Altering facts to fit your reality

This page is being updated.

Thank you for your interest in this topic. We are currently updating our website to reflect EPA’s priorities under the leadership of President Trump and Administrator Pruitt. If you’re looking for an archived version of this page, you can find it on the January 19 snapshot.

(the above is from the EPA website)

The Environmental Protection Agency announced Friday evening that its website would be “undergoing changes” to better represent the new direction the agency is taking, triggering the removal of several agency websites containing detailed climate data and scientific information.

One of the websites that appeared to be gone had been cited to challenge statements made by the EPA’s new administrator, Scott Pruitt. Another provided detailed information on the previous administration’s Clean Power Plan, including fact sheets about greenhouse gas emissions on the state and local levels and how different demographic groups were affected by such emissions.

The changes came less than 24 hours before thousands of protesters were set to march in Washington and around the country in support of political action to push back against the Trump administration’s rollbacks of former president Barack Obama’s climate policies.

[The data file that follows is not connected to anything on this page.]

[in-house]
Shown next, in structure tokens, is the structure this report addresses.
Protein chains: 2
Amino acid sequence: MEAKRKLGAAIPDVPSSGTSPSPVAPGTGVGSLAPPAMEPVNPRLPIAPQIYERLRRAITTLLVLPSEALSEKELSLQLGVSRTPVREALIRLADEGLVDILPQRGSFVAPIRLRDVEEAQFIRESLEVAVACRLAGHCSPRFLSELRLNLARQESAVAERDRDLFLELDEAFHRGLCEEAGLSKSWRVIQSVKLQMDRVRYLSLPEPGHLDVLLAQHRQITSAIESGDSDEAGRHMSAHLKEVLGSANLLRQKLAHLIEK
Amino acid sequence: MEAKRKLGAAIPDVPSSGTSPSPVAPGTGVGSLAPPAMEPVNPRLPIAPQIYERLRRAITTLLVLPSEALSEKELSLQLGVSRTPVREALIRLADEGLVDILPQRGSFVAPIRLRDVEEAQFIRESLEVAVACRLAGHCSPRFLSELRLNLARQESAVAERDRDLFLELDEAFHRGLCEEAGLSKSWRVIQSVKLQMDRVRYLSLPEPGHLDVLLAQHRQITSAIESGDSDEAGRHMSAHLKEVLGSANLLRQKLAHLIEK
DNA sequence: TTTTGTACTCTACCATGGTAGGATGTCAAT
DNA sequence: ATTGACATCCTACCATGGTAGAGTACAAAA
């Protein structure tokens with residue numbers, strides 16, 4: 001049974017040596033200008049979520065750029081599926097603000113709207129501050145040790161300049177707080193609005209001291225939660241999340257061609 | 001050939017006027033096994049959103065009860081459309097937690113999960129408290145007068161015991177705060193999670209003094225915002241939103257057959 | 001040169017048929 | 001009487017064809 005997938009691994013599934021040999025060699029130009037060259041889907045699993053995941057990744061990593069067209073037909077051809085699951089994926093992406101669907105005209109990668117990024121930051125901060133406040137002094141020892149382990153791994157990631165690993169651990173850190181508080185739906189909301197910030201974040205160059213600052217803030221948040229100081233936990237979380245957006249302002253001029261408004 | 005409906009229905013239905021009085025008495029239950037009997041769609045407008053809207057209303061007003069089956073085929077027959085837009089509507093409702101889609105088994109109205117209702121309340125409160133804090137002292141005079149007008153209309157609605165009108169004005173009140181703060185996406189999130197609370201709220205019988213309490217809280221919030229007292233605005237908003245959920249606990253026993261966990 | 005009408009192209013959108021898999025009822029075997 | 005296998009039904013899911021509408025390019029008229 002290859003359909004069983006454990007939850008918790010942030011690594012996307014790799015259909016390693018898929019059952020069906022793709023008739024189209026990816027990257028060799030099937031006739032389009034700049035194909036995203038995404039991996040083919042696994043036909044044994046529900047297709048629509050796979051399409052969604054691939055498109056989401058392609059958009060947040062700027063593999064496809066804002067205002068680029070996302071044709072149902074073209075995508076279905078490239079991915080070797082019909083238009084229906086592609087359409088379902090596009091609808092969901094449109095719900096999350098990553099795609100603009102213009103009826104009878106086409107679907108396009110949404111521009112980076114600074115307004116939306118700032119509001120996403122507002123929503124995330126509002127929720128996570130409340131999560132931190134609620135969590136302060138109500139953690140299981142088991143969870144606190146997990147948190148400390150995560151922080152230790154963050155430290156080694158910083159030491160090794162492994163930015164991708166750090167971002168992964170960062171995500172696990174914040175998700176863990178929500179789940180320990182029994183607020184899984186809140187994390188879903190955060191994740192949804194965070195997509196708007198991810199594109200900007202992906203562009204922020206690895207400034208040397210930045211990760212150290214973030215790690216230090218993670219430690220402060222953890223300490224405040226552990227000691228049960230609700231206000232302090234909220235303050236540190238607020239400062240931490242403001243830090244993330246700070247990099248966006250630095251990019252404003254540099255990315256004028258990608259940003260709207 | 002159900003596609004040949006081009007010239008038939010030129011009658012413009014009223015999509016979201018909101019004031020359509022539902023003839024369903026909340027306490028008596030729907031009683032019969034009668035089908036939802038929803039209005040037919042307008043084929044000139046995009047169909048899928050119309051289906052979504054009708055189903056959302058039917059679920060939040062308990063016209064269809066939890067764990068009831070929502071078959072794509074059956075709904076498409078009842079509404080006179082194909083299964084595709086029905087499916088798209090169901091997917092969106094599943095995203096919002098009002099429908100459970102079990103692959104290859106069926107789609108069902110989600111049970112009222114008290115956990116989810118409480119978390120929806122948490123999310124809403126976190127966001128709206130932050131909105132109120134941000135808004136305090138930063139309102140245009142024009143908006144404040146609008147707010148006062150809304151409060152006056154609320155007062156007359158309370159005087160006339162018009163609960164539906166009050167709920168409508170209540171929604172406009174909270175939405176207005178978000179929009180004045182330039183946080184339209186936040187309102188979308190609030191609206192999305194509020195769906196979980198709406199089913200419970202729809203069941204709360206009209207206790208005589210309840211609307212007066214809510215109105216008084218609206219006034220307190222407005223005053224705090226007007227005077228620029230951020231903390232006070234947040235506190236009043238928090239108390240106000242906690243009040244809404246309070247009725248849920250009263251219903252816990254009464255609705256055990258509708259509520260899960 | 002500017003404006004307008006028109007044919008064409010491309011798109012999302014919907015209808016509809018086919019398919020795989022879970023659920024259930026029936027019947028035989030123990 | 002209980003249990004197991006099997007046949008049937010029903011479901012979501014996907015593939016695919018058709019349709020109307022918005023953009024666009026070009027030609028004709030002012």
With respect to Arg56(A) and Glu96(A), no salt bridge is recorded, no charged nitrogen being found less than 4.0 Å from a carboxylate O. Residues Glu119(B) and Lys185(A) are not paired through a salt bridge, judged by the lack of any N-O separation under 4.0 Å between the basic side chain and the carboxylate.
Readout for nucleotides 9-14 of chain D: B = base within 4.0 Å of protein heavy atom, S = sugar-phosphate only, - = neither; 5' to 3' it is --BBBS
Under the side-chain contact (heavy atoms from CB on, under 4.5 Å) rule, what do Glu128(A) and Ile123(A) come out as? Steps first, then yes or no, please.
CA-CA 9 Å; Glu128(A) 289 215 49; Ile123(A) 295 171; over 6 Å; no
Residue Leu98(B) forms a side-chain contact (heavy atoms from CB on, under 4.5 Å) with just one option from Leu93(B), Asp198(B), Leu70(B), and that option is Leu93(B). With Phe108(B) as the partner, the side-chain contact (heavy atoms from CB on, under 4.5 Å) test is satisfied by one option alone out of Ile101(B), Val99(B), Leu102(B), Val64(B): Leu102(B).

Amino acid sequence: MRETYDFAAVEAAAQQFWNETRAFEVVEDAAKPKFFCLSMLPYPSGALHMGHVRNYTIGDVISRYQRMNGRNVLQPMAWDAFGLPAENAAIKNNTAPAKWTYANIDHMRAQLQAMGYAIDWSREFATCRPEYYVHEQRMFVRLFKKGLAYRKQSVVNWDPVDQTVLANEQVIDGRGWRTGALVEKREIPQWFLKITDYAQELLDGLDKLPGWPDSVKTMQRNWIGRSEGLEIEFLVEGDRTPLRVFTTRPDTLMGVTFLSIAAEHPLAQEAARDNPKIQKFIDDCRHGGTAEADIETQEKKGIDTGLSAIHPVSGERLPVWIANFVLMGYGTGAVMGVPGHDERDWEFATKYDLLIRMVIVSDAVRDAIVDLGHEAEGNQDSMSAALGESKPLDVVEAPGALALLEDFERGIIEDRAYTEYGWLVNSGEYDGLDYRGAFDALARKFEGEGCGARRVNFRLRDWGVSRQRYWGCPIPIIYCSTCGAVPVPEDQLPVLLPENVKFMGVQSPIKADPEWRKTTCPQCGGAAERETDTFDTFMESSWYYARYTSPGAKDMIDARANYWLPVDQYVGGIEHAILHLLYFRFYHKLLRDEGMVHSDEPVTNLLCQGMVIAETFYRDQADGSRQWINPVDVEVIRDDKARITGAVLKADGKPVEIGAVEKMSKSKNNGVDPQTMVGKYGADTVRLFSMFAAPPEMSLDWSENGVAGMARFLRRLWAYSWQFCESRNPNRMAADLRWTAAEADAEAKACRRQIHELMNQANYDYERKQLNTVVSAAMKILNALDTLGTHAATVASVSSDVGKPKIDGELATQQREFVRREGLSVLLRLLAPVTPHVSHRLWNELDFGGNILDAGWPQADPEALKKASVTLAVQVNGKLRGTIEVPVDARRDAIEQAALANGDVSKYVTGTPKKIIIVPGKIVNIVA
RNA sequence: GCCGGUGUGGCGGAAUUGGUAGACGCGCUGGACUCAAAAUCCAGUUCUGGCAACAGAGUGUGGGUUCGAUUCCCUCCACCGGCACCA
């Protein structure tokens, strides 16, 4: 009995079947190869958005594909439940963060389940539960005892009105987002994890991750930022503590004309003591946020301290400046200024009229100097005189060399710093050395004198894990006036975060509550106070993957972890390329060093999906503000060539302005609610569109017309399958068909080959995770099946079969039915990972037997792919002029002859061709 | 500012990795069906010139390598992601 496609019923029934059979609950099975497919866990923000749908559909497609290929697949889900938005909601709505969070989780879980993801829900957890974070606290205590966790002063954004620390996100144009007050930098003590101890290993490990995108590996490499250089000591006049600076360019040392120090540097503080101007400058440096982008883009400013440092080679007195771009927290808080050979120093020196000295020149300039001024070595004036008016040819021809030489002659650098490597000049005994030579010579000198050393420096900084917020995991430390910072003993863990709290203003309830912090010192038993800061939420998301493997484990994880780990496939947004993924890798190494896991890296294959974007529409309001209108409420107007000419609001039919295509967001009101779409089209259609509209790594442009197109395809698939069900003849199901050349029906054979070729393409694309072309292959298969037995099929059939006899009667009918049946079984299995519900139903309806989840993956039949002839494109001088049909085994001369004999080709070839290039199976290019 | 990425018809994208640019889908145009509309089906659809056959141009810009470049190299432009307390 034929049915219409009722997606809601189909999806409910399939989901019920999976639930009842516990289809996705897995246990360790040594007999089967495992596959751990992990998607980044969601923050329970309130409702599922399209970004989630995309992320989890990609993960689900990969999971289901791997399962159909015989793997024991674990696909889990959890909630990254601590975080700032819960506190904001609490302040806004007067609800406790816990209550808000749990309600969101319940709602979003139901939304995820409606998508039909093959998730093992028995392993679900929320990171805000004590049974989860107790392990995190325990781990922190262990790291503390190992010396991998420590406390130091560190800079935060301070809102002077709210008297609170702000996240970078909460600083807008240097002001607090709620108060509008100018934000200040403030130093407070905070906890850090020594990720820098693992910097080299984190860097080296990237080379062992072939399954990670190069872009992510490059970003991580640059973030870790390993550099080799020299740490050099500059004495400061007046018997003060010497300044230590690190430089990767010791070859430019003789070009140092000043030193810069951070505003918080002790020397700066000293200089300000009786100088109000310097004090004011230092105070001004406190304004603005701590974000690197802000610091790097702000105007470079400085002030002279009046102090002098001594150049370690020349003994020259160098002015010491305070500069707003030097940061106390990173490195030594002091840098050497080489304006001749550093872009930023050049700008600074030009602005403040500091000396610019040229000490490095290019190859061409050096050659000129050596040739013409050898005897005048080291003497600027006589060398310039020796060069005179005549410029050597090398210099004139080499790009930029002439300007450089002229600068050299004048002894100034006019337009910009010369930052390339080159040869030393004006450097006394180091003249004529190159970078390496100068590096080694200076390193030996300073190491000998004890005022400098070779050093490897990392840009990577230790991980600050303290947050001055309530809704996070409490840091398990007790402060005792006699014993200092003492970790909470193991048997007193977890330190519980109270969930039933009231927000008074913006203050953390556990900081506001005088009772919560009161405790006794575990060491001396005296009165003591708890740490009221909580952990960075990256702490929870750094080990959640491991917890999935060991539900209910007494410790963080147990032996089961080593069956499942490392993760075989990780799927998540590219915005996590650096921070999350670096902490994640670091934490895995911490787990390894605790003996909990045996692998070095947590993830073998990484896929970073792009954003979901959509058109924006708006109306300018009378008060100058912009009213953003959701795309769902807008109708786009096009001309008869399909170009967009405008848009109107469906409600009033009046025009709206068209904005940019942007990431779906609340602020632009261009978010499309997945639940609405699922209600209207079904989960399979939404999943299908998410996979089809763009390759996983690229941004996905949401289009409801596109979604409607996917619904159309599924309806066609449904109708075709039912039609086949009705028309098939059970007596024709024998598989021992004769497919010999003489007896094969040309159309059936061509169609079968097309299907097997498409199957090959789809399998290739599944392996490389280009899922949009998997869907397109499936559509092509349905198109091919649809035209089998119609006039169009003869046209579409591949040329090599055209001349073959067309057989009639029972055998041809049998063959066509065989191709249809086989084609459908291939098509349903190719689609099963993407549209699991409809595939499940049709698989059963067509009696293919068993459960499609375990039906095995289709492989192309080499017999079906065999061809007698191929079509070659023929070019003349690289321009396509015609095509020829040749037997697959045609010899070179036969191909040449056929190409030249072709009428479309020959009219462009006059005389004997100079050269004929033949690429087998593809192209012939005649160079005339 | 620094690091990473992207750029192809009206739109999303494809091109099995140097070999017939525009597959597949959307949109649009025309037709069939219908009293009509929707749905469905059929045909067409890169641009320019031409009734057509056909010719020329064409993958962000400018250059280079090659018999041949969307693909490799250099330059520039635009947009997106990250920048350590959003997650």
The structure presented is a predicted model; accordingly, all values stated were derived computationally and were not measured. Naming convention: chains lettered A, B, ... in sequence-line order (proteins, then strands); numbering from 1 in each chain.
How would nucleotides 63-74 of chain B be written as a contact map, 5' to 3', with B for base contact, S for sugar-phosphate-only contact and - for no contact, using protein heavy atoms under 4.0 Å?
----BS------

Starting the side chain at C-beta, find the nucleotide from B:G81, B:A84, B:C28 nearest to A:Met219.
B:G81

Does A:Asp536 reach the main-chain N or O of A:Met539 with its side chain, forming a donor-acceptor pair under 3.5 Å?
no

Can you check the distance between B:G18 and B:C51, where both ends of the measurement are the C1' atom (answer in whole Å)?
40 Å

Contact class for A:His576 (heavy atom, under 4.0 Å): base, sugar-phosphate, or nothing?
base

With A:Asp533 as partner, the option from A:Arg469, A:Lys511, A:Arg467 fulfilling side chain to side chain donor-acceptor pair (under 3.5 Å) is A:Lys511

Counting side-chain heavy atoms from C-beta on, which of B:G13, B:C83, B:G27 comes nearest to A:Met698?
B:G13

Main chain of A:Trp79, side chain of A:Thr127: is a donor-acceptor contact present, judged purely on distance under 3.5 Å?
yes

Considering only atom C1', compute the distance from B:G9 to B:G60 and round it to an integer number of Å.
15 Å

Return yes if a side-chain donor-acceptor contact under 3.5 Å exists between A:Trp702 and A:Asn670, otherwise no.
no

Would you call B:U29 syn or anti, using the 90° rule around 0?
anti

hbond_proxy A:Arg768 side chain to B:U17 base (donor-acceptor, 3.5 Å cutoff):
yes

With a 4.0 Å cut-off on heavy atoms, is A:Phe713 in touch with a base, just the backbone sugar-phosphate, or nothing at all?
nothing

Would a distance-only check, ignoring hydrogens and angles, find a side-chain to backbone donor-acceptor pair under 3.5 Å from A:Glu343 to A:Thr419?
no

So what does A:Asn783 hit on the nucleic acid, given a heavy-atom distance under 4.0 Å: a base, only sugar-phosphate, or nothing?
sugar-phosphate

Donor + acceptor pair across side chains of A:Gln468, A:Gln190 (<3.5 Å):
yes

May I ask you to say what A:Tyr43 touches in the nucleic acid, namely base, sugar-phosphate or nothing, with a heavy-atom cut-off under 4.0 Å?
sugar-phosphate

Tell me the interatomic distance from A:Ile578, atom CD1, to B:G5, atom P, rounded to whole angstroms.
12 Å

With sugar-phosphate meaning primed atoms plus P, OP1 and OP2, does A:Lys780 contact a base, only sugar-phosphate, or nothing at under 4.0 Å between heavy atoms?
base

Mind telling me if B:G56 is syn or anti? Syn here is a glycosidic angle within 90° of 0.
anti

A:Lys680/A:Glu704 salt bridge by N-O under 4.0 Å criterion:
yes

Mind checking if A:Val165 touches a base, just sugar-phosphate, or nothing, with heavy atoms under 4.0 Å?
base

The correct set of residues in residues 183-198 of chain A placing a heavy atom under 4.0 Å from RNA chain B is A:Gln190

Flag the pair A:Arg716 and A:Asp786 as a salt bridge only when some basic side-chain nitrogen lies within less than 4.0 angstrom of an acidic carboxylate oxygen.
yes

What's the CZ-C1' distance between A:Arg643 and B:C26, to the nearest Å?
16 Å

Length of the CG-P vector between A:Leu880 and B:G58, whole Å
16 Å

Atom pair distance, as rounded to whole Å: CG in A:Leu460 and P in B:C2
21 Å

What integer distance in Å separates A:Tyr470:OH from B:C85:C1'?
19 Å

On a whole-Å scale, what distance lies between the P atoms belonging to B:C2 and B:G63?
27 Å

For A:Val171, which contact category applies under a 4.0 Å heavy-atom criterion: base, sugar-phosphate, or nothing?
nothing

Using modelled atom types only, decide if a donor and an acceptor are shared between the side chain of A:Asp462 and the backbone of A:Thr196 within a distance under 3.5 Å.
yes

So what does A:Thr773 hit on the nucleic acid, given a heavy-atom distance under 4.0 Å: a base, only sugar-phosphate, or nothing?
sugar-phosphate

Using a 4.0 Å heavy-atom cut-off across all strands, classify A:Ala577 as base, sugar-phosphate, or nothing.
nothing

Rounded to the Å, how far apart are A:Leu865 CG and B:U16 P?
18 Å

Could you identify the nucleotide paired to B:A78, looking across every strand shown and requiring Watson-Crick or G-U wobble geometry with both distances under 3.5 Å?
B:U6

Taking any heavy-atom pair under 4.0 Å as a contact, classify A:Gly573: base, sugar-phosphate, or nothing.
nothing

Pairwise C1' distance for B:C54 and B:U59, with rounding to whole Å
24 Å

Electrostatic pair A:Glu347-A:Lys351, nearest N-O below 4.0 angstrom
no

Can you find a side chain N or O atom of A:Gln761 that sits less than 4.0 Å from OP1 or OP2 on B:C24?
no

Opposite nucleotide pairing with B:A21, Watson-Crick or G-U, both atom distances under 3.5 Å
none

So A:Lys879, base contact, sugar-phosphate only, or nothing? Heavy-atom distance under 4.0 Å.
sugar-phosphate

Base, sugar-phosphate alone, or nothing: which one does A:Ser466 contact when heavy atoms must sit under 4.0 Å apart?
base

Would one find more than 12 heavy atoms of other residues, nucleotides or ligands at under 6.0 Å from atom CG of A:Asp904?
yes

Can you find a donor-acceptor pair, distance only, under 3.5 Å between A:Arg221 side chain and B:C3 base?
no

Read More

Denial can be a savagely dangerous

Neil deGrasse Tyson says that this video might just be the most important thing he has ever said.  That’s quite a statement considering his long, illustrious career as an American astrophysicist.

Often people aren’t comfortable with science and new ideas.  Some folks are still denying many components of evolution.  Parents are still attempting to dictate what is taught in science class across the nation.

Read More

Seas rise even more significantly than previously thought


A group of scientists says it has now reconstructed the history of the planet’s sea levels arcing back over some 3,000 years — leading it to conclude that the rate of increase experienced in the 20th century was “extremely likely” to have been faster than during nearly the entire period.